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Constructing Insights on Learning Analytic Student Activity Data from an Online Undergraduate Construction Management Course

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Conference

2021 ASEE Virtual Annual Conference Content Access

Location

Virtual Conference

Publication Date

July 26, 2021

Start Date

July 26, 2021

End Date

July 19, 2022

Conference Session

Capitalizing on COVID: Using This Disruptor to Change the Educational Model

Tagged Division

Civil Engineering

Page Count

19

DOI

10.18260/1-2--36839

Permanent URL

https://peer.asee.org/36839

Download Count

88

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Paper Authors

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Paige West Virginia Polytechnic Institute and State University Orcid 16x16 orcid.org/0000-0002-8712-0026

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Paige West is pursuing her Master's in Civil Engineering at Virginia Tech. She has a B.S. in Civil Engineering also from Virginia Tech. Her research focuses on the utility of learning analytic data in online engineering courses. Specifically, how instructors can leverage the data to improve engagement and encourage more interactions between the instructors, students, and content in their online courses.

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Frederick Paige Virginia Polytechnic Institute and State University Orcid 16x16 orcid.org/0000-0002-3380-6444

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Dr. Frederick (“Freddy”) Paige is the Assistant Director of the Virginia Center for Housing Research and an Assistant Professor at Virginia Tech in the Vecellio Construction Engineering and Management Program. Dr. Paige’s main scholarship goal is to create the knowledge needed to develop an informed public that lives in a sustainable built environment. Previous work with a variety of utility companies, sustainability non-profits, and educational institutions has provided Dr. Paige with a versatile toolkit of knowledge and skills needed to address a diverse range of civil engineering issues. His main area of interest is high efficiency homes and sustainable communities. Dr. Paige completed his PhD in Civil Engineering at Clemson University, where he also received his MS and BS degrees in Civil Engineering.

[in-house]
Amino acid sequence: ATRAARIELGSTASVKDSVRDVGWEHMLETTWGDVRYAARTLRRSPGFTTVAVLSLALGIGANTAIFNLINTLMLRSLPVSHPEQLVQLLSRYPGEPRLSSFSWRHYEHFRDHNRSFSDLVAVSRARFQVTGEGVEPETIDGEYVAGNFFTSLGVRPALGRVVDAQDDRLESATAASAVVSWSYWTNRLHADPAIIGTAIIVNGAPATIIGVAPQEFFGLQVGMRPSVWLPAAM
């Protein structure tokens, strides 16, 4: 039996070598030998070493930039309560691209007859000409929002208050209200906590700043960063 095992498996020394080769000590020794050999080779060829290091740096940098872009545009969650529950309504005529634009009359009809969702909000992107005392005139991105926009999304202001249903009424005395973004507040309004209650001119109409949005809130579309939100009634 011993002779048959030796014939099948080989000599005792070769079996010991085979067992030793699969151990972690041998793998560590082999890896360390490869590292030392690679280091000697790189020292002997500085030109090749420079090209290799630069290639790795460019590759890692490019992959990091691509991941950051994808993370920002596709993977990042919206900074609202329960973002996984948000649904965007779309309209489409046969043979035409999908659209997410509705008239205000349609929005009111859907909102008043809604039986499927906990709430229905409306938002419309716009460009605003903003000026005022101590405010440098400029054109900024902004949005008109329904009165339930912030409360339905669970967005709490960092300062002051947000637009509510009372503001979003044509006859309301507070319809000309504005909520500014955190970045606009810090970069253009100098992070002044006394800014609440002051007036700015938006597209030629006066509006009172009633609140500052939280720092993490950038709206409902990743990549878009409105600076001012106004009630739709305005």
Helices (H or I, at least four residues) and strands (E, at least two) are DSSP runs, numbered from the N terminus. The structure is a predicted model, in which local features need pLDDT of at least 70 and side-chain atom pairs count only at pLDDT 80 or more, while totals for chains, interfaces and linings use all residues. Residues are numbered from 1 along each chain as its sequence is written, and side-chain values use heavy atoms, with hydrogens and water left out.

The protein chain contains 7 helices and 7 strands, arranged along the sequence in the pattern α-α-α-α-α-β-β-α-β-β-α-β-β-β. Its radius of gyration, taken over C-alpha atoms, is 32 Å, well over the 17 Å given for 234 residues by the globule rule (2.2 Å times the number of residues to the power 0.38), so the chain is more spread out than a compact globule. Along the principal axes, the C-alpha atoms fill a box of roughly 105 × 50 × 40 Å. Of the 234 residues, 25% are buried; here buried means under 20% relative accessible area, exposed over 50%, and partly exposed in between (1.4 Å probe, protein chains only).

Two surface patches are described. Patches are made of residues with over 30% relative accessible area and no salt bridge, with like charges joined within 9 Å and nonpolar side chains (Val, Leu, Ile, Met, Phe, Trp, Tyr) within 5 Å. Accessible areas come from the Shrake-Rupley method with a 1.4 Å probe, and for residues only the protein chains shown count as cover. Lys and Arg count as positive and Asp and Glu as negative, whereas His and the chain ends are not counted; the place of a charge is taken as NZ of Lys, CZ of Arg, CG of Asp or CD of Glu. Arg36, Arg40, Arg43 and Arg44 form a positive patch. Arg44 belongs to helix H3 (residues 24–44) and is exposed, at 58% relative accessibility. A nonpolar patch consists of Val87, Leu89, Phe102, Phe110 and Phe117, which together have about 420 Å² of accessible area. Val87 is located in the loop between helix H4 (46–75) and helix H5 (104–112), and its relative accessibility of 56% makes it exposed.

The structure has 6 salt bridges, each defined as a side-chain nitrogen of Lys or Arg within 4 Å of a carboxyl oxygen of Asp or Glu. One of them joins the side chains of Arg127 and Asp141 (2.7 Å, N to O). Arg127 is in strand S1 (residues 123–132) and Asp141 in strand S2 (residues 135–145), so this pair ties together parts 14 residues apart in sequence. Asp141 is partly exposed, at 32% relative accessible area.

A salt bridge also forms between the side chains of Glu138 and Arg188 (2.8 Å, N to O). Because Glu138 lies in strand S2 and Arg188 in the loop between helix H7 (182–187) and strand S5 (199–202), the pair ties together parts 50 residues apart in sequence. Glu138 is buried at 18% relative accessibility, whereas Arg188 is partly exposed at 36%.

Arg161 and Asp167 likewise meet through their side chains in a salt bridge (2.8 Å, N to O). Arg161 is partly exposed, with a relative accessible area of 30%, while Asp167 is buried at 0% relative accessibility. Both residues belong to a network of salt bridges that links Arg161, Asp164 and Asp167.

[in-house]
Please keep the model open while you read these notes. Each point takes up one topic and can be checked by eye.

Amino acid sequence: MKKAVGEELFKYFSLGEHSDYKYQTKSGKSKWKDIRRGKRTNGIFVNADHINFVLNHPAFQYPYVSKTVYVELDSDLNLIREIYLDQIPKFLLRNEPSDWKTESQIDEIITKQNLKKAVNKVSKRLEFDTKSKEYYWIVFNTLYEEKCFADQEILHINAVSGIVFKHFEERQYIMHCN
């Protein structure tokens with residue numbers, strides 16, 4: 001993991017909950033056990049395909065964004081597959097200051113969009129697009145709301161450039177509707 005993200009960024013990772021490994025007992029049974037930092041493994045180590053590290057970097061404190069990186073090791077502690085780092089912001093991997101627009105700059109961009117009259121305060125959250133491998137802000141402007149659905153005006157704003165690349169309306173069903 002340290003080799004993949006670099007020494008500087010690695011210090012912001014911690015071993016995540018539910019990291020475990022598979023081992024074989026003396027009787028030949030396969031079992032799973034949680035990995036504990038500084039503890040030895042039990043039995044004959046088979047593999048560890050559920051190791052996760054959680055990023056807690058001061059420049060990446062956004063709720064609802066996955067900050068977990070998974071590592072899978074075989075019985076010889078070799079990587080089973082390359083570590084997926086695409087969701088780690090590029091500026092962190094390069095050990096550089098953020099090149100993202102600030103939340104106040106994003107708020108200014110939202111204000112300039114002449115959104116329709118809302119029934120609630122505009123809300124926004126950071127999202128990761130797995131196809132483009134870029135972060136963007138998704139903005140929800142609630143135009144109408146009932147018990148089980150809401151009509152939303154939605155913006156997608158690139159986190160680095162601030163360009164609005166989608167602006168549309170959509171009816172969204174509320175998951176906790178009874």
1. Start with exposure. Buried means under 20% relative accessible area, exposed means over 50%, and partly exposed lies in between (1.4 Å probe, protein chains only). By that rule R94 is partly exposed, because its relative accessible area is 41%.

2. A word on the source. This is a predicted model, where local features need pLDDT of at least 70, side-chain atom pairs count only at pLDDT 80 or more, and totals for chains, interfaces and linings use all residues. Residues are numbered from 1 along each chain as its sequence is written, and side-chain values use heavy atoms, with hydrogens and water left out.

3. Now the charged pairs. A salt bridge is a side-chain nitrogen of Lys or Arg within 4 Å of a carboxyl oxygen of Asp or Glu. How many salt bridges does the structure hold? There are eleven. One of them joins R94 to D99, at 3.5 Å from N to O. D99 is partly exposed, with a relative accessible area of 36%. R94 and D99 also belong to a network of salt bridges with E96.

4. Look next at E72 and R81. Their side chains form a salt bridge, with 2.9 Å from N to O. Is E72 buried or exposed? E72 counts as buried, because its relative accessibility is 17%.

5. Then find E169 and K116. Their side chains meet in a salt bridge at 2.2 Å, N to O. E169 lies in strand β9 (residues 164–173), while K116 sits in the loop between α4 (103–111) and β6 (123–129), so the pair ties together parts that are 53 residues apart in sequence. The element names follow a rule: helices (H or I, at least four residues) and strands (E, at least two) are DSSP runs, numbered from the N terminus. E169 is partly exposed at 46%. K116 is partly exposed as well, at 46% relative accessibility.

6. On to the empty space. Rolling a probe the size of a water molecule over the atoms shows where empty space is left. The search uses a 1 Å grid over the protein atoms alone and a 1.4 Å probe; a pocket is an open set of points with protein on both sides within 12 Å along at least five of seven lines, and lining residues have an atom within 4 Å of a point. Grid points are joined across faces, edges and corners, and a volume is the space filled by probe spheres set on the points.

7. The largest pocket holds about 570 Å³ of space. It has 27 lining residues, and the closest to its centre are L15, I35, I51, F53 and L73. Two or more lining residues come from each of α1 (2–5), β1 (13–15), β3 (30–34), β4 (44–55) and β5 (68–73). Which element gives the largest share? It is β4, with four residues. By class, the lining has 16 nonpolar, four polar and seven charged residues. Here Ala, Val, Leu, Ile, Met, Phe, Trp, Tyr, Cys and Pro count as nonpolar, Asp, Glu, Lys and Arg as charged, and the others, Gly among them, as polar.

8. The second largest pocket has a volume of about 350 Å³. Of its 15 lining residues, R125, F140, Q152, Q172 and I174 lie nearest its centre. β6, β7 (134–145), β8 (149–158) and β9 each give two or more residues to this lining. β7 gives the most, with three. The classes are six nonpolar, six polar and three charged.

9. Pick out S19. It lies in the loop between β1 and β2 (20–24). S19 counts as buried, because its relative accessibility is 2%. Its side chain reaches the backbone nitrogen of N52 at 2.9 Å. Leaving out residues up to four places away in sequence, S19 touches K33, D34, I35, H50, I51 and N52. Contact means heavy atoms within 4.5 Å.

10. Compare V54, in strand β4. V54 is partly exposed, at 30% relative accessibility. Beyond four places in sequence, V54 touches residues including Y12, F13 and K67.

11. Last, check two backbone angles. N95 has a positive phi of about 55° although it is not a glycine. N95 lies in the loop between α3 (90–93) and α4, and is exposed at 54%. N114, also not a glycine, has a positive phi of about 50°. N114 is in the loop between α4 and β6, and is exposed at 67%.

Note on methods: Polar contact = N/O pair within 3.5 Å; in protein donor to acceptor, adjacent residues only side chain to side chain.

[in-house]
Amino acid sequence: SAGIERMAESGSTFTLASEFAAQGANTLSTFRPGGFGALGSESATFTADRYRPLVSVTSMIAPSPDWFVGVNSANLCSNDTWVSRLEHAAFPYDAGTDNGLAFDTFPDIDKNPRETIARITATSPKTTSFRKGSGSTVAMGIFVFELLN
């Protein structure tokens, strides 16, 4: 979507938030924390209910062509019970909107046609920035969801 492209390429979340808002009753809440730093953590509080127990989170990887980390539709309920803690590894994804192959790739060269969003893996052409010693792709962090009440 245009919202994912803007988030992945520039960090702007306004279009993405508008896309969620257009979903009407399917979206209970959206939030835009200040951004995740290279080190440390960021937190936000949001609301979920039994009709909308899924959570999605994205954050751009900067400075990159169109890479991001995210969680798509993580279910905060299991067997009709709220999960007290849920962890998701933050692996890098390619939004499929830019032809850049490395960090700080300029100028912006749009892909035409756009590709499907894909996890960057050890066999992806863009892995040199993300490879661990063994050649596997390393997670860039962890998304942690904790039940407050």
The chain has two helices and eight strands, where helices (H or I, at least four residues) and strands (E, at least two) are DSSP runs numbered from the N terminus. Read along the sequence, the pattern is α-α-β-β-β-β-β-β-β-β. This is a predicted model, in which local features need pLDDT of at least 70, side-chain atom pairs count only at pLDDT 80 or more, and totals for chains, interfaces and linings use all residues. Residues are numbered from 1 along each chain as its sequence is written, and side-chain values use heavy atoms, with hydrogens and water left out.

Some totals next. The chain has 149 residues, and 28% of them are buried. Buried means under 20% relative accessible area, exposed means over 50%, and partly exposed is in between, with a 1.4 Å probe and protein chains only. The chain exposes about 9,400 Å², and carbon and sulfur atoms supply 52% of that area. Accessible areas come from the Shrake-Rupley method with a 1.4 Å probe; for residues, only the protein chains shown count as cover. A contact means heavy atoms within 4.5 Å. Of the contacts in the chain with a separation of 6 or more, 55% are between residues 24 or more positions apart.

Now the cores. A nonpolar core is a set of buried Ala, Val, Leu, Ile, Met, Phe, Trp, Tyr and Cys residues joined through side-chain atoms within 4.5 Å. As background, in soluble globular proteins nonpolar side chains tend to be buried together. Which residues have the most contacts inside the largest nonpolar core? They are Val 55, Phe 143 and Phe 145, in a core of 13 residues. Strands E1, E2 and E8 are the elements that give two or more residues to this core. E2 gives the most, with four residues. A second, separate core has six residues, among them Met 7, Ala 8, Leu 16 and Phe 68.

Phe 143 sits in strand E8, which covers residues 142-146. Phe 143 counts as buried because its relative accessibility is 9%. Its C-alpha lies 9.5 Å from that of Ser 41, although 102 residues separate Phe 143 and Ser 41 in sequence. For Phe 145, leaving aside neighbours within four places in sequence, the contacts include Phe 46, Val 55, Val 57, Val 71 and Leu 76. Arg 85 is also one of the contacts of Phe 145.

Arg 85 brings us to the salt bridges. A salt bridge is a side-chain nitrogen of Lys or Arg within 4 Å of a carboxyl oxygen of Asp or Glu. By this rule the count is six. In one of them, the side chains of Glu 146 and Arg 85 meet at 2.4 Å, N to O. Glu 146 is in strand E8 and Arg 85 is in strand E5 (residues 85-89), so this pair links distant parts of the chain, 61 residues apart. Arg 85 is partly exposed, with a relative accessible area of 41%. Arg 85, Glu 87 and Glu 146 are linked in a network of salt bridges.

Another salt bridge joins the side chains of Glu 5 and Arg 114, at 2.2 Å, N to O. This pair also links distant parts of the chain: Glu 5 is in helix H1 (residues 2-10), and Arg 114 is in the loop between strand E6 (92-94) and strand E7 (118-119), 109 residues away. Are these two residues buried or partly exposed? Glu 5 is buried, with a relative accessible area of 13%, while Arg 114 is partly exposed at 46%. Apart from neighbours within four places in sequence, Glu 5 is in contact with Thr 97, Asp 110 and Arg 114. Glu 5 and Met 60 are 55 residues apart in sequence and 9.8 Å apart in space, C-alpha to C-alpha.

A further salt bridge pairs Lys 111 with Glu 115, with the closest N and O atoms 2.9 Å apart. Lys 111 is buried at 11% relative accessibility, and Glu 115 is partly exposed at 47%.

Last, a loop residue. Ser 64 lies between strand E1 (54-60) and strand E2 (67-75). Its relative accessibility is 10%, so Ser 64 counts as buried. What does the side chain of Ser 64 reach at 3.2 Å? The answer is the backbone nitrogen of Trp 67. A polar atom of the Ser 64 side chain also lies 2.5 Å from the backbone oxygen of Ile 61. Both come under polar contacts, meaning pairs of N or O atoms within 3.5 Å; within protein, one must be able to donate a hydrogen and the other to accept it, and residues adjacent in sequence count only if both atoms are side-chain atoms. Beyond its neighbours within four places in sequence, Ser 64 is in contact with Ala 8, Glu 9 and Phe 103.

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Natasha B. Watts Virginia Polytechnic Institute and State University

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As Director of Cardinal Education and the Associate Director of Online Learning in the College of Engineering at Virginia Tech, Natasha provides college-level leadership for the design, development, implementation, and evaluation of distance learning initiatives. Watts is the main point of contact for the Cardinal Education Program (formerly Commonwealth Graduate Engineering, CGEP).

Before coming to Virginia Tech, Natasha worked as an Assistant Professor and Program Coordinator for Visual Communication and Computer Information at Hazard Community and Technical College. Watts began her career at Appalshop, a non-profit media arts center located in the coalfields of Eastern Kentucky, serving as a director, educator, filmmaker, and youth media trainer. For the last ten years, her work has focused on placed-based visual learning and distance learning methodologies to facilitate rural classroom equality. Watts is passionate about distance learning, accessibility, and Appalachia. She believes there is a classroom for everyone.

Natasha has a Bachelor’s Degree in Broadcasting and Electronic Media, with a minor in Appalachian Studies from Eastern Kentucky University. A Master’s of Science in Education with an emphasis on occupational training and development from Eastern Kentucky University, and a Doctorate in Educational Technology and Leadership from Morehead State University.

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Walter C. Lee Virginia Polytechnic Institute and State University Orcid 16x16 orcid.org/0000-0001-5082-1411